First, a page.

County drivers improve skills behind the wheel
by Jessica Loeding
Sep 14, 2013 | 1945 views | 0 0 comments | 44 44 recommendations | email to a friend | print
Bartow County Fire Department Sgt. Cole Spears listens to instructor Dennis Huskins before driving on the safety course. SKIP BUTLER/The Daily Tribune News
Bartow County Fire Department Sgt. Cole Spears listens to instructor Dennis Huskins before driving on the safety course. SKIP BUTLER/The Daily Tribune News
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Buddy Frasier judges how close BCFD firefighter Chris Cowart drove his truck to the white line at a stop sign. SKIP BUTLER/The Daily Tribune News
Buddy Frasier judges how close BCFD firefighter Chris Cowart drove his truck to the white line at a stop sign. SKIP BUTLER/The Daily Tribune News
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Driver Richard Combs with the Bartow County Road Department puts his tires between tennis balls that lined the road to challenge his driving skills. SKIP BUTLER/The Daily Tribune News
Driver Richard Combs with the Bartow County Road Department puts his tires between tennis balls that lined the road to challenge his driving skills. SKIP BUTLER/The Daily Tribune News
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At 96 inches wide and more than 30 feet long, maneuvering a fire engine takes practice and skill.

Bartow County Fire Department firefighters for the past two weeks were among county employees able to hone their driving technique on a safety course set up at the fire training center in Emerson.

“We are checking the skill levels of our drivers, giving them the opportunity to drive the course that we set up for them. It tests their ability to drive through tight spaces, their ability to back, maneuver obstacles in the roadway,” BCFD Battalion Chief Bryan Keeling said. “[This type training is] extremely important. Our department is running 8,000 calls a year so the trucks are on the road a lot, we put a lot of miles on our fire trucks, so it’s important that we have people driving who are conscious about their environment and what’s going on around them.”

Based on the driver safety course established for school buses, drivers from the fire department, road department, transit and senior center, EMS and Extension Office all were able to spend time taking their respective vehicles through the course.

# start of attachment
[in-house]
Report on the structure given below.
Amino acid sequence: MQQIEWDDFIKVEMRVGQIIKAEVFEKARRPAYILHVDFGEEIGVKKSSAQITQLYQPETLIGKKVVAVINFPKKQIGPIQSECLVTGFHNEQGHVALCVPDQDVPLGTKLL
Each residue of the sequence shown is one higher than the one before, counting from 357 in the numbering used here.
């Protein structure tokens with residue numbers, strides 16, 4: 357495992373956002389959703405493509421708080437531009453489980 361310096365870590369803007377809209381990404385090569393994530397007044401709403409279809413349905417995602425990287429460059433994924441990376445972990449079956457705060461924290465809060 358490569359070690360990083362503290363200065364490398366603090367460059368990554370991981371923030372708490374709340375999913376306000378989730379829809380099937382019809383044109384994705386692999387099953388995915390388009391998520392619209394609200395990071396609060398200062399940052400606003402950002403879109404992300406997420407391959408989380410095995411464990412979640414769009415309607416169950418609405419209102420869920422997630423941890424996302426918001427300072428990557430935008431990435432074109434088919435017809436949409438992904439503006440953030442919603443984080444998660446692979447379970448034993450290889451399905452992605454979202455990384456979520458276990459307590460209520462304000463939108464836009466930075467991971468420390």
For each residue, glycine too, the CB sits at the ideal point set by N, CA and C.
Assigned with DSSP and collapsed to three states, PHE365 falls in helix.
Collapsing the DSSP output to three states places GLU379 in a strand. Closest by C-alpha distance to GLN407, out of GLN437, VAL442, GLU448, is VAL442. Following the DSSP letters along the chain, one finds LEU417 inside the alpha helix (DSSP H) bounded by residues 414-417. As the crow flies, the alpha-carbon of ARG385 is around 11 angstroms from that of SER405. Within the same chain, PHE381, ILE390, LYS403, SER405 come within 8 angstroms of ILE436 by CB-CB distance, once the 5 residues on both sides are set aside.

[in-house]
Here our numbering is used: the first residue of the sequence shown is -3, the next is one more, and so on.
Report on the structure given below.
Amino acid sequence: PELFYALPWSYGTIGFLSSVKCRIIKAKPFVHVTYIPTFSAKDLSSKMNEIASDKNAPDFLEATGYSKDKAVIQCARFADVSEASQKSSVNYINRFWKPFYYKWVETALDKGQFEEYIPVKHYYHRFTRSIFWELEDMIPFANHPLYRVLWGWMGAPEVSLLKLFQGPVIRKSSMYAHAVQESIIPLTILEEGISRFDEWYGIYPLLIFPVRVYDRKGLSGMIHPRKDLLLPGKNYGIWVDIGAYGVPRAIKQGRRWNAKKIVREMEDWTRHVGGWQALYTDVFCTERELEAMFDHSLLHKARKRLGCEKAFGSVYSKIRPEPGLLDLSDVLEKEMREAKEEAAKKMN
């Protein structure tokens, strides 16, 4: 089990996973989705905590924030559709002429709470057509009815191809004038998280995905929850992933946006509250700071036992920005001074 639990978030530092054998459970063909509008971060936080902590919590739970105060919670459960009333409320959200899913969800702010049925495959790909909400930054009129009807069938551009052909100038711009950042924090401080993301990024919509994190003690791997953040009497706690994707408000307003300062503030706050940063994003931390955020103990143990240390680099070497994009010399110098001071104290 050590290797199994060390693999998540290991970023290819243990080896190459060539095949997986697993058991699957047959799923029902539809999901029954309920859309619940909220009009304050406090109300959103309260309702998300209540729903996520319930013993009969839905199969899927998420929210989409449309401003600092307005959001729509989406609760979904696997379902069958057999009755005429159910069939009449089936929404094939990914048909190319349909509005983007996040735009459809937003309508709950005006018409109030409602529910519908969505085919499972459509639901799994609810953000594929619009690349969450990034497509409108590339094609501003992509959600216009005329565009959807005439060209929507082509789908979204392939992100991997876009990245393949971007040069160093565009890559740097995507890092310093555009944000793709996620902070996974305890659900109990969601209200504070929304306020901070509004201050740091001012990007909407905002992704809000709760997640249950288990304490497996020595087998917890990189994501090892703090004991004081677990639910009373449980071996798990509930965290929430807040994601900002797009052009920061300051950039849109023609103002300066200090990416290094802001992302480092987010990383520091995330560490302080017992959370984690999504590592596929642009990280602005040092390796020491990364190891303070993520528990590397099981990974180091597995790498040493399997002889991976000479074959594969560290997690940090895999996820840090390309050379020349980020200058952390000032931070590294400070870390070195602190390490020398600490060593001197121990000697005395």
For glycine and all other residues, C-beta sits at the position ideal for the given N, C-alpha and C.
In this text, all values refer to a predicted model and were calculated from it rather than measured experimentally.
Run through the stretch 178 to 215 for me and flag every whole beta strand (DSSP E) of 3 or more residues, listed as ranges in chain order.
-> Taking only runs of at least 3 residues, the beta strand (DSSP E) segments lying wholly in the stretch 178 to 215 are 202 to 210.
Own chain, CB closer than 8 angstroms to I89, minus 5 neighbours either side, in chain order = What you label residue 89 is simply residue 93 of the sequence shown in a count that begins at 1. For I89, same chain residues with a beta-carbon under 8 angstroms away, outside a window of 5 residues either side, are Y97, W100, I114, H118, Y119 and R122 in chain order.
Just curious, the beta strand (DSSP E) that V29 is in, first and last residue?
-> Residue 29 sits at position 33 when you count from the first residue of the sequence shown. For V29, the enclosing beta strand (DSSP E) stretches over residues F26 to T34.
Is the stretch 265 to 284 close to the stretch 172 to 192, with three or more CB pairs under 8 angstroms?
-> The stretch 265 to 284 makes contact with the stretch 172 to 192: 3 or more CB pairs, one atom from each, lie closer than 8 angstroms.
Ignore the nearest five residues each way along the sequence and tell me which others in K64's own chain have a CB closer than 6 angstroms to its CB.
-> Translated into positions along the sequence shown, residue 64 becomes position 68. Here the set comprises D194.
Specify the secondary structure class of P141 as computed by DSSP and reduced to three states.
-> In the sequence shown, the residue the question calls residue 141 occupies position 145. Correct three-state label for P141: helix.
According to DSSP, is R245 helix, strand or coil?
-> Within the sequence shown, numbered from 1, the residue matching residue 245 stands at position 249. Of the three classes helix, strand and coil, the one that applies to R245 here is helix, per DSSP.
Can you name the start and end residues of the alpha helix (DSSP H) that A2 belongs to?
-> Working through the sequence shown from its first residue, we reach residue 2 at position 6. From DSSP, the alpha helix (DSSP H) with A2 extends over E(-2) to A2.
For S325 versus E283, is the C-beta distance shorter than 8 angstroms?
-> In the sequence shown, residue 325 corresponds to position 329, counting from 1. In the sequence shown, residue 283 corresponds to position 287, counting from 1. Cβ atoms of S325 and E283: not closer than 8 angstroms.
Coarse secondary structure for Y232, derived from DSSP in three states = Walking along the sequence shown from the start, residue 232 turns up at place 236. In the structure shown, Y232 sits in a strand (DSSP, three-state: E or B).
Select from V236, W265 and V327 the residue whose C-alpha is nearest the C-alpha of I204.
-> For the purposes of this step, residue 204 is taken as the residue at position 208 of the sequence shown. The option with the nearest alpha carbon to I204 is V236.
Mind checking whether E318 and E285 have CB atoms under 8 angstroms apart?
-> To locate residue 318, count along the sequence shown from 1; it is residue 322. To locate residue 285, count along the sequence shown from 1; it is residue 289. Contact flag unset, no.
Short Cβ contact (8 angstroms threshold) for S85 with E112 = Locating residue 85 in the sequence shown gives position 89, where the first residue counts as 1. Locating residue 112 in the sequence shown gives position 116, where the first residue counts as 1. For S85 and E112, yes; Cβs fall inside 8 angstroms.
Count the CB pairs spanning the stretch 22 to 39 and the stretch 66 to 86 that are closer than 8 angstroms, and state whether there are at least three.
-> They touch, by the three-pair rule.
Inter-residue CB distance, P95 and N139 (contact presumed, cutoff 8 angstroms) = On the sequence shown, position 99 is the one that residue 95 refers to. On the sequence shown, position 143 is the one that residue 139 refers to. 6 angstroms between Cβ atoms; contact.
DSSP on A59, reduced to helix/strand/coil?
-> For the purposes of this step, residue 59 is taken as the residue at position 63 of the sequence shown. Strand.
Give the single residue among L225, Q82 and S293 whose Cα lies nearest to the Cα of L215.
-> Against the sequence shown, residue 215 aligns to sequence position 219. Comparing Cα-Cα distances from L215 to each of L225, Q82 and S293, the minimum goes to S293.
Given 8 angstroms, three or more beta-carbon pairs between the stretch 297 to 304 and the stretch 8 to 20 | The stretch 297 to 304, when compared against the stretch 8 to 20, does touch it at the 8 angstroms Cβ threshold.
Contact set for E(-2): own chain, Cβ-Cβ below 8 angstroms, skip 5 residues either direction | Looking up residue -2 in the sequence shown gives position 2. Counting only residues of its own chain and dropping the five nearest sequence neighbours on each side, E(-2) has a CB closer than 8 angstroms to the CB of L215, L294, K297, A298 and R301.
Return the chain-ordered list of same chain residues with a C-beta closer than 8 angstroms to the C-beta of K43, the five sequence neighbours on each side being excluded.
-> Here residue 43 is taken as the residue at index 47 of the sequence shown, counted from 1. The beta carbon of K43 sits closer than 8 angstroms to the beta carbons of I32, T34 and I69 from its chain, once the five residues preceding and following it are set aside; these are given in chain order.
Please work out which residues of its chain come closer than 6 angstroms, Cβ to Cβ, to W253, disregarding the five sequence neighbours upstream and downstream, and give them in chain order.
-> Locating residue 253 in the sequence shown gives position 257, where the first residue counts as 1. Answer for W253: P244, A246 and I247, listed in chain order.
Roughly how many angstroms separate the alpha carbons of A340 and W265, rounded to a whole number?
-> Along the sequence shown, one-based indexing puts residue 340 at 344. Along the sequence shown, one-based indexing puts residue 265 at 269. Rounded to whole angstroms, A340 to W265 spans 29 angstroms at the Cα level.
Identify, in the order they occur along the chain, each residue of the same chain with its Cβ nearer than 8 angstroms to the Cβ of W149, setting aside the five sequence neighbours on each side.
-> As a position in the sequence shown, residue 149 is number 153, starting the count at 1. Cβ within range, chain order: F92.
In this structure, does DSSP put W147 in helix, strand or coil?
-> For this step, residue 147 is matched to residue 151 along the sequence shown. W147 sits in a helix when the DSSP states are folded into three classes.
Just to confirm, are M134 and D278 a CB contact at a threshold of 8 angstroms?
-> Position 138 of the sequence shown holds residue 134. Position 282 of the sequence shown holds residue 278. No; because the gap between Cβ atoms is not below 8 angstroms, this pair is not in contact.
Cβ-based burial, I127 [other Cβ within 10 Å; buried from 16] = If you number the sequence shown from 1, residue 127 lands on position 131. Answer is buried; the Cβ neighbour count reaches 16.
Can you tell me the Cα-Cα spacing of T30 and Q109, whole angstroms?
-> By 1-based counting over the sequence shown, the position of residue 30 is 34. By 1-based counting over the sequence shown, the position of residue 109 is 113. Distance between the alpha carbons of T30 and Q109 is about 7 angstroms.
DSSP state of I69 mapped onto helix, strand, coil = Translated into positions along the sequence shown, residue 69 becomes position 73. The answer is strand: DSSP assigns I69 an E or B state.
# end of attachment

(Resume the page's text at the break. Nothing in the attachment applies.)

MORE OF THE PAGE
Drivers were judged by officials from the Cartersville-Bartow County Chamber of Commerce, the insurance sector and other county departments. Each participant received a score — there was no pass or fail — indicating the level of practice and instruction needed.

“The main thing we wanted to know, we wanted our department heads to know which drivers needed skills in certain areas. The good drivers, of course, won’t need any work, but there are some folks who just need some extra work, maybe some practice and instruction on driving their type trucks or their type vehicles in their work environment,” Commissioner Steve Taylor said.

While safety was the focus, Taylor said insurance rates factored into the decision to host the course, which was held for the first time last year.

“It’s all about safety, and of course, insurance plays a factor in this, too. We want to keep our accidents down to a minimum as far as insurance rates go,” he said.

Dan Beck, director of Local Government Risk Management Services Inc., said his agency will look to use Bartow’s driver’s safety course as a pilot program across the state.

“This is a tremendous best practice. … It takes a lot of resources to put this event on, but I think it’s very, very valuable from a long-term perspective,” Beck said. “Historically speaking, safety is always graded based on trailing indicators. Someone will get in an accident. There’s an accident here and then everyone puts their resource there, and then there’s an accident there. This is a positive approach, so it’s preventative instead of reacting to things. It really gets the people out there; it’s hands-on training, much better than classroom training. It’s everybody aware. Most importantly, it makes sure everybody knows this is very, very important to the county, the county commissioner.

“… Hopefully there will be a tremendous amount of success in regards to results. I think immediately there is an amount of success from the culture perspective. It says the leadership is so very concerned with your safety they are going to spend this amount of resources.”

The county will host the next driver’s safety course in March 2015.

“We probably won’t do it next, but every other year, that’s what we are thinking about now because we’ll have the same drivers next year,” Taylor said. “Maybe in two years we could have some different drivers driving for different departments, and that will still let our supervisors know who needs help in certain departments.”

For the BCFD, the time spent on the course will count for training requirements, but more importantly, the skills translate outside the work environment.

“… It takes up a lot of man hours to put on, but we are hoping that will be offset by the training that everybody receives out here,” Keeling said. “If it gets them to thinking about their driving skills and gets them to wondering, ‘Can I do this better? What can I do to make it better?’ It will help them in the long run. This is stuff that they can take into their life outside their job, too.”